When you get frustrated because someone has a different point of view, take a moment and step back. Try to see things from their perspective instead. Listen actively, open your mind, and see if there’s something new you might learn from the situation.

Accept What You Cannot Change

A certain degree of acceptance is a critical stress reducer for life in general. There are some things you simple can’t change. Learn to recognize them, accept them and move on.

Take Advantage of Available Resources

No matter where you work or who you work for, keep in mind that it’s in your company’s best interests to reduce on-the-job stress. Talk to your employer or supervisor—they may have stress-reducing plans to suggest for you, or you may be able to develop a plan together.

There are many levels and types of stress, but the important thing is to make sure it’s manageable. You may want to try different methods before you find one or more that works best for you. Above all, make sure you take care of yourself.

 

via Avery.com

Spread Holiday Joy with Personalized Business Gifts

If you’re like most busy business owners or administrators, the holidays can sneak up on you, and getting cards and gifts out to customers and vendors is never an easy task. No problem — we have lots of simple ways you can spread some holiday joy this year and show your appreciation to vendors and clients.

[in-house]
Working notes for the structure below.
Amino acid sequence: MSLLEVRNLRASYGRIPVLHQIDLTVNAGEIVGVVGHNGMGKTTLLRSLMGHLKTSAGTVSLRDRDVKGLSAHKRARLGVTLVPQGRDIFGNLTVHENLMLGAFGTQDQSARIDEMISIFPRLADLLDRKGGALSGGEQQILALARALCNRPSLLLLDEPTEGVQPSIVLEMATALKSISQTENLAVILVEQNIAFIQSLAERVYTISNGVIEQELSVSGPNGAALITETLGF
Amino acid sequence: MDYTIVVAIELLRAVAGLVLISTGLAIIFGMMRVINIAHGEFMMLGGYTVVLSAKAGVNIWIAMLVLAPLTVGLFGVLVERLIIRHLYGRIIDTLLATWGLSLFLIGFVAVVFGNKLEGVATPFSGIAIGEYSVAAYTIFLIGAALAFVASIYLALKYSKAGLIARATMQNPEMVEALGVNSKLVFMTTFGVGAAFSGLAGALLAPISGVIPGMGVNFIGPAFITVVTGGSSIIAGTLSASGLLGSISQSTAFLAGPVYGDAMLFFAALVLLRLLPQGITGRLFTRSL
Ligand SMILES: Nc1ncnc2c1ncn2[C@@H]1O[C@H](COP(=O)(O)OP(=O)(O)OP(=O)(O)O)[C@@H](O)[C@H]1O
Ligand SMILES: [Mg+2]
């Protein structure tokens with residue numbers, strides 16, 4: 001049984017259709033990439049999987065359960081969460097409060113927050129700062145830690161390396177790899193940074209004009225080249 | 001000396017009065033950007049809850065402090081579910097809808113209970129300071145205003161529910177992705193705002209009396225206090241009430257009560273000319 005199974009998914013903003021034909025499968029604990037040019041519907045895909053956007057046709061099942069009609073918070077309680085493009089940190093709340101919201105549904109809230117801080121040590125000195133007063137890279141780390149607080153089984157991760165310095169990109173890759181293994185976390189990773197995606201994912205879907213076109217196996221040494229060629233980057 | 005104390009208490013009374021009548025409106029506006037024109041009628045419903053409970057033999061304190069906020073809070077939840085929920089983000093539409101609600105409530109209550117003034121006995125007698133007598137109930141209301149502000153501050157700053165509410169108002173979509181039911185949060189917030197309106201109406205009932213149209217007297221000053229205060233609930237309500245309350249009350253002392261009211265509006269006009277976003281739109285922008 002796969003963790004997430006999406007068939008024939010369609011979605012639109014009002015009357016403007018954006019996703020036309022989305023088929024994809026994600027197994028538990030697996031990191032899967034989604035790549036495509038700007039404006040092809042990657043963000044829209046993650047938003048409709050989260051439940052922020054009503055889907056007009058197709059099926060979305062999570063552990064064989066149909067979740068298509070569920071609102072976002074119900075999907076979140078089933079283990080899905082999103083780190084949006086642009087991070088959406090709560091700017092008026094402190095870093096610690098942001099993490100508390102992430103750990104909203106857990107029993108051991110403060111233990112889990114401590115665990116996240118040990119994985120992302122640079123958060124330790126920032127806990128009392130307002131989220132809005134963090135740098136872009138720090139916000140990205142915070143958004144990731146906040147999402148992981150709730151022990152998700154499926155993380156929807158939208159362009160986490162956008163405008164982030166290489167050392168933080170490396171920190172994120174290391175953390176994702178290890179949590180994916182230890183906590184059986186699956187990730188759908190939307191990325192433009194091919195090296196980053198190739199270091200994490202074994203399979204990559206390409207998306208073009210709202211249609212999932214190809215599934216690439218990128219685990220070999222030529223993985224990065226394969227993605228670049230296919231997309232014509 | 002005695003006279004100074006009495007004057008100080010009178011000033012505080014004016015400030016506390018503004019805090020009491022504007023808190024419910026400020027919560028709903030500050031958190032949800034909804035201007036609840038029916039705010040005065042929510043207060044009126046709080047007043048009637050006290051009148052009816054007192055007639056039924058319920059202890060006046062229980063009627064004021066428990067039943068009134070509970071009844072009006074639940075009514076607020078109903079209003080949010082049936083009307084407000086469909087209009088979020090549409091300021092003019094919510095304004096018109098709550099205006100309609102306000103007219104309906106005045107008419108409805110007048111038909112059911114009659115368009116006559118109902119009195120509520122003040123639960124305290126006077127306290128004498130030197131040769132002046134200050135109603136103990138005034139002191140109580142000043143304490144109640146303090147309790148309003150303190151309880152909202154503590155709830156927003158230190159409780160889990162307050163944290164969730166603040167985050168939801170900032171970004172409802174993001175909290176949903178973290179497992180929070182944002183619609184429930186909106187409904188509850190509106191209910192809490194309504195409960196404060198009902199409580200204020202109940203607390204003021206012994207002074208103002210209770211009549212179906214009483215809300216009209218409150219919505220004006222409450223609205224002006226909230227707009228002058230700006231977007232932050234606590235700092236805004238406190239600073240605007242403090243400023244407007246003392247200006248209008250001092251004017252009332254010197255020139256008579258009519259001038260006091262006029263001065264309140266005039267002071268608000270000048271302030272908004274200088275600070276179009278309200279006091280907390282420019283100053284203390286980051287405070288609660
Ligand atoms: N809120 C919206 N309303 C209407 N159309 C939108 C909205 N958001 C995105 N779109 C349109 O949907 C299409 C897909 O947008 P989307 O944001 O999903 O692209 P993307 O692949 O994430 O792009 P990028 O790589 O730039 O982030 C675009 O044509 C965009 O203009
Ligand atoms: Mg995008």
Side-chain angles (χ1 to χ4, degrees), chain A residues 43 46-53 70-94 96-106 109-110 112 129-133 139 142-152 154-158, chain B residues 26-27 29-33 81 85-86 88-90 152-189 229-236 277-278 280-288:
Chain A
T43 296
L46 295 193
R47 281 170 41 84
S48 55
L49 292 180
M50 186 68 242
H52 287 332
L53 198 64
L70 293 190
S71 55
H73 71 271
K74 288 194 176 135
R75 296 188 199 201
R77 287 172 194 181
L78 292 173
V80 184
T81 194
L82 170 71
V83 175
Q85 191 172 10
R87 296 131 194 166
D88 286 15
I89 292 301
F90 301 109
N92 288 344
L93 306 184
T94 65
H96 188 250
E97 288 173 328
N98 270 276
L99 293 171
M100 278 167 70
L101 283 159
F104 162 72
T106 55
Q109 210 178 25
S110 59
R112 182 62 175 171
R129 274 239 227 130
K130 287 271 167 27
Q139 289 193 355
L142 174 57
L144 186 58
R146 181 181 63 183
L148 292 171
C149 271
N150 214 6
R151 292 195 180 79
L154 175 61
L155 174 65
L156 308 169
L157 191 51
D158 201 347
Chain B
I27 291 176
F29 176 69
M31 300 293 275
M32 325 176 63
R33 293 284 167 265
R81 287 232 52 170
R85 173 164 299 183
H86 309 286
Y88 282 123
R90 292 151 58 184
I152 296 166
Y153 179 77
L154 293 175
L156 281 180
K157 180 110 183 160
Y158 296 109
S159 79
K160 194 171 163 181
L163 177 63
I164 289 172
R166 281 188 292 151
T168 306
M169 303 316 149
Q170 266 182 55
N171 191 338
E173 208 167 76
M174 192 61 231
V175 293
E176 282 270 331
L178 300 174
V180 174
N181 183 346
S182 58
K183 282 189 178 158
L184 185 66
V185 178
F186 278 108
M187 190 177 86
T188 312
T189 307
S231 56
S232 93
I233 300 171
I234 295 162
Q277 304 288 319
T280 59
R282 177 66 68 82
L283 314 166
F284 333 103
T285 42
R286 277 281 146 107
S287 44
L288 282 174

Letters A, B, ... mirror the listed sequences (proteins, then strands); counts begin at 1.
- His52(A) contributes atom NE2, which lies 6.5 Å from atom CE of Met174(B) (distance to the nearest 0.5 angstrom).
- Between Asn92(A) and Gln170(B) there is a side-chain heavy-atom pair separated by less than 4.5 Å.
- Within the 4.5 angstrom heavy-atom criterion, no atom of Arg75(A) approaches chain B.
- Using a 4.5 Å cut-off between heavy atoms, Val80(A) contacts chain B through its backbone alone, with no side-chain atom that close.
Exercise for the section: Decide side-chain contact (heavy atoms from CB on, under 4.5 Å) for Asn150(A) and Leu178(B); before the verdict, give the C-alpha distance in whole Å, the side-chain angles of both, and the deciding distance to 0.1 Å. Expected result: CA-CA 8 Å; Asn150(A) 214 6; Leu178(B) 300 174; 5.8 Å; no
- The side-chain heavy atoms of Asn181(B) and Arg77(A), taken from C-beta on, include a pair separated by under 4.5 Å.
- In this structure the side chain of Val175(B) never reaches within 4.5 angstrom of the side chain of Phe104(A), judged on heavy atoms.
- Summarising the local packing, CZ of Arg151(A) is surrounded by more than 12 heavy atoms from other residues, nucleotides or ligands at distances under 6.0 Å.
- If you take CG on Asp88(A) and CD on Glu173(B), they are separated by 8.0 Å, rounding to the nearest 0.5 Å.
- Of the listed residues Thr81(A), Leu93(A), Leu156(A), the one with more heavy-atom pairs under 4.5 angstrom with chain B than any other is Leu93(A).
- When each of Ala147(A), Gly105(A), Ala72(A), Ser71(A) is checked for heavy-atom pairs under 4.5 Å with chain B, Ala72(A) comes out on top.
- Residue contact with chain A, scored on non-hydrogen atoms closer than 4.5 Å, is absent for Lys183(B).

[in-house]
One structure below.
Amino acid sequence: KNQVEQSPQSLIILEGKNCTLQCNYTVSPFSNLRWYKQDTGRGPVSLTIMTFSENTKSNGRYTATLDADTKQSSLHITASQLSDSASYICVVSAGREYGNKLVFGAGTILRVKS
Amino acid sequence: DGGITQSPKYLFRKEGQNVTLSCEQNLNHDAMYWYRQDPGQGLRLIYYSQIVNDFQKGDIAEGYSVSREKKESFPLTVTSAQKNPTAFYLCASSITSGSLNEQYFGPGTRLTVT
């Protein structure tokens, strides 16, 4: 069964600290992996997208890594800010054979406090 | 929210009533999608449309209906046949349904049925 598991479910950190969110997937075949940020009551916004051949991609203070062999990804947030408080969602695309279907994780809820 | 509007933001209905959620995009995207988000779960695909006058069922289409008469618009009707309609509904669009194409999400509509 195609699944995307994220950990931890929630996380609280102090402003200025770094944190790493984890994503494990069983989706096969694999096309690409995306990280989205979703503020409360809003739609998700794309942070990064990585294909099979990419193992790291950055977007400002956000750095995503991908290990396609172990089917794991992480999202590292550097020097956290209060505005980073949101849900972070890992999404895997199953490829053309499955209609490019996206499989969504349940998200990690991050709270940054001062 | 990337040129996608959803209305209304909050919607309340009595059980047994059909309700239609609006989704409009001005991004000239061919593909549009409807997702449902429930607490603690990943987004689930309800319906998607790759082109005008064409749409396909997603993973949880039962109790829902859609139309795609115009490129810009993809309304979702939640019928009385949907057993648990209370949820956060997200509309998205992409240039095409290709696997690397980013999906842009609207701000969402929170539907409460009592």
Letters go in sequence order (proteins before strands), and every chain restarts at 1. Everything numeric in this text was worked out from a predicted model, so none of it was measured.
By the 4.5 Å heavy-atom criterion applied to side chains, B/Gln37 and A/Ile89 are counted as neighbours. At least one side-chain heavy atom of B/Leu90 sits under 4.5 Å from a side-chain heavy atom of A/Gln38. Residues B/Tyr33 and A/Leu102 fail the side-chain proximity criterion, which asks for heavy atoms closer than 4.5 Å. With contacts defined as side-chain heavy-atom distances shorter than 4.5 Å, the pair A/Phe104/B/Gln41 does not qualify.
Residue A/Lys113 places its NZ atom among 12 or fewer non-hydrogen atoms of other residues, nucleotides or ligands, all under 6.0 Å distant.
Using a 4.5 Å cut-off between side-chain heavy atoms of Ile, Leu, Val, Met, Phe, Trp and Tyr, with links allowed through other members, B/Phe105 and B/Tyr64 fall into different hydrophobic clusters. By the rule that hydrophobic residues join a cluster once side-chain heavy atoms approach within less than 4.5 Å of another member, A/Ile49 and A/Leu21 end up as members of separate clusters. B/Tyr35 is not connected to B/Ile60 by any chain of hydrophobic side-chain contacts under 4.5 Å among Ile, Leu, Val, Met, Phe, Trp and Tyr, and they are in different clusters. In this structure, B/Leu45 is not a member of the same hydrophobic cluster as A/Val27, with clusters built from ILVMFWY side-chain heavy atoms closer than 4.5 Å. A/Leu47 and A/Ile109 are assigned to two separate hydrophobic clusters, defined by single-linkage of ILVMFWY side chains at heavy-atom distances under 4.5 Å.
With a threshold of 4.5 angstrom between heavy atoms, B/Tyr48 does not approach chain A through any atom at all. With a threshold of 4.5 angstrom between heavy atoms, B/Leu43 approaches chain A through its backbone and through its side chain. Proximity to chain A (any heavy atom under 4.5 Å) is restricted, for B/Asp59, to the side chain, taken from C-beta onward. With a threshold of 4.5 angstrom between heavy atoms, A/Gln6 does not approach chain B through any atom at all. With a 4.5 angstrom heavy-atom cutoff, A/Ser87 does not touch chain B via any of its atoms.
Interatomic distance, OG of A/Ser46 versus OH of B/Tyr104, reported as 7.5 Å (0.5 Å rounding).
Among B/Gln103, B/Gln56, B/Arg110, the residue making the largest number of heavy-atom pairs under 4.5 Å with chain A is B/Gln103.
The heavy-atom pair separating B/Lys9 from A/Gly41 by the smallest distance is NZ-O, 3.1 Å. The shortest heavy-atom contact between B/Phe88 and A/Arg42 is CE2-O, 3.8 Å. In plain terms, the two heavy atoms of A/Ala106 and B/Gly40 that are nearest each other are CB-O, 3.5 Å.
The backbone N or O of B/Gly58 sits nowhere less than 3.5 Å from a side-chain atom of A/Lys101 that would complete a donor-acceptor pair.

Light Up Their Holidays

You don’t have to buy expensive gifts to thank your customers and vendors during the holidays. With Avery Design & Print Online you can make even a small gift meaningful. Just add a customized label to a candle, jar of candy or a bottle of wine and you’ll have an affordable gift everyone can enjoy. And it’s easy to personalize each individual label with your clients’ or vendors’ names and add a personal message. Tip: Add your company name or logo to the gift as well to get some free advertising whenever your gift is shared.

 

Wrap It Up

Make holiday ornaments, sweet treats or trinkets more elegant by packaging them in stylish boxes or bags. Customize a festive label using our free designs and templates in our Holiday Gallery, then personalize and print on your choice of Avery Labels to give your gift that extra holiday feel.

How about a bottle of personalized wine or six-pack of specialty soda for that special vendor, or some chilled bottles of water for the delivery man? Just print your personal holiday message on our water-resistant Avery Arched Labels for the wine and soda, or use Avery Wraparound Labels for water bottles. It’s a simple touch that means so much.

 

Finishing Touches